Egypt’s central bank left its key overnight deposit and lending rates unchanged, a step expected by analysts in an economy locked in recession for the last six months.
The bank’s Monetary Policy Committee (MPC) kept its key lending rate unchanged at 9.75 per cent and the deposit rate at 8.25 per cent after its regular meeting on Thursday, it said on its website.
All eight economists polled by Reuters this week had predicted the MPC would not change the rates, which it has not altered since September 2009.
Analysts say the central bank is reluctant to risk pushing up the cost of borrowing while the economy remains unsteady.
Investors and tourists retreated from Egypt after the uprising that led President Hosni Mubrak to resign in February. Growth is projected to remain weak in the second half of the year.
Urban consumer price inflation edged down to 11.8 per cent in the year to end-June from 11.87 per cent in May. Core inflation, which strips out subsidised goods and volatile items including fruit and vegetables, rose to an annual 8.94 per cent from 8.81 per cent in May.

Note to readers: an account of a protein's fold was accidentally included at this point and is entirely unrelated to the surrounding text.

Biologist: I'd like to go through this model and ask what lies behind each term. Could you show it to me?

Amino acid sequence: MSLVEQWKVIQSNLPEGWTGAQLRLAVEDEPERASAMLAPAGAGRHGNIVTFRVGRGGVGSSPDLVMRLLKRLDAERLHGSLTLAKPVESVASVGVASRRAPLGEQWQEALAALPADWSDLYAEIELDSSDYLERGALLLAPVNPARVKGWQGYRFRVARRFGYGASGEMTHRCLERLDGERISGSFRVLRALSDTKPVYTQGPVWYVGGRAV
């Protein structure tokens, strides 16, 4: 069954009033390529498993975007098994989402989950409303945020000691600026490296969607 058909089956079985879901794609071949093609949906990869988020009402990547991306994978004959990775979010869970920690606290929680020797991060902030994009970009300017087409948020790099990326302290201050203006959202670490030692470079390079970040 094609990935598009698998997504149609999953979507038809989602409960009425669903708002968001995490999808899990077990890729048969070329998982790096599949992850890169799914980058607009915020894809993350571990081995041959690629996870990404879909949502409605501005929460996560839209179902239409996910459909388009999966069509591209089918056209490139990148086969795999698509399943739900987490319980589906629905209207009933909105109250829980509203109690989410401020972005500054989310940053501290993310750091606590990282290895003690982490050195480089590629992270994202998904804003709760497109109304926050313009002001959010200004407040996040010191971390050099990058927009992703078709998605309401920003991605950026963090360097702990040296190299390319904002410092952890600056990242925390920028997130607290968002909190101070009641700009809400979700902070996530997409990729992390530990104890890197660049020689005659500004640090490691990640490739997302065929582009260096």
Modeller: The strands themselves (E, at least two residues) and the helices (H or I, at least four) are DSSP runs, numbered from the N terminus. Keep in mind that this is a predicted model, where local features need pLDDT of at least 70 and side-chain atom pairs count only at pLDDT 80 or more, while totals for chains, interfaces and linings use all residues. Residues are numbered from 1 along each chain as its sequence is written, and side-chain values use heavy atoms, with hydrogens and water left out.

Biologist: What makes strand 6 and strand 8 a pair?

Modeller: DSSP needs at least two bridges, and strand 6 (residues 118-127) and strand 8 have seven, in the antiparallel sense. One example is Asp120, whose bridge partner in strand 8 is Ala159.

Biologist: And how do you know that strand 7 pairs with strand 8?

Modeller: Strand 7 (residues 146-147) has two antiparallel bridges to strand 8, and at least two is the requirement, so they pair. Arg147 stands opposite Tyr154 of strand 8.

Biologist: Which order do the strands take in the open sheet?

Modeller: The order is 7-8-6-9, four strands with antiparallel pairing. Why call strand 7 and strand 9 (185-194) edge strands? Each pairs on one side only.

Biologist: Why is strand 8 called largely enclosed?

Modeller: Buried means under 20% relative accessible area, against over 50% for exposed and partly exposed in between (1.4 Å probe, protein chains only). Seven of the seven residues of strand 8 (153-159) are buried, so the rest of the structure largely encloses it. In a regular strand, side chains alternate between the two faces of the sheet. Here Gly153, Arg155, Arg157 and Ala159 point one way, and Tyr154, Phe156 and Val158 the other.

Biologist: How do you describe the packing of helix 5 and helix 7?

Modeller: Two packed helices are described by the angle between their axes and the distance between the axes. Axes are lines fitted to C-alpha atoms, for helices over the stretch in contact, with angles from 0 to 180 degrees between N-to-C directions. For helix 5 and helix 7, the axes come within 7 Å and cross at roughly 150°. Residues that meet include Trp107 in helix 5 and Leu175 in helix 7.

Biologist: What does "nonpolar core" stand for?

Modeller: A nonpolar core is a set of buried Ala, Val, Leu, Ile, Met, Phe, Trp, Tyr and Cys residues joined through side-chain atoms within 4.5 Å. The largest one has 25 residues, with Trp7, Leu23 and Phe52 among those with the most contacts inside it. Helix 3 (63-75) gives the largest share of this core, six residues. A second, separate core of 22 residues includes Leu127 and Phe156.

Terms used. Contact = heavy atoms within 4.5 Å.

The central bank also left its interest rate for seven-day repurchase agreements unchanged at 9.75 per cent and its discount rate at 8.5 per cent.
Egypt’s main index closes lower, its fourth day of declines on pessimism that a broad cabinet reshuffle put together this week will not be enough to satisfy demands for faster government reforms.
Property shares lead the decline, with Palm Hills sliding 1.4 per cent, SODIC 1.1 per cent and Talaat Moustafa 0.7 per cent.
Egypt’s new cabinet was sworn in on Thursday, with more than half of the ministers losing their jobs, including the foreign, finance and trade ministers.
“Investors are concerned that the new cabinet will not be enough to please the activists who have been protesting in Tahrir Square,” says Nader Khedr, an investment and capital market analyst.
Analysts say expectations over second-quarter earnings are yet to have any effect on the market, since the bulk of companies will not start reporting for another two weeks. An exception is Mobinil, which is scheduled to publish results on Tuesday.
From / Gulf Today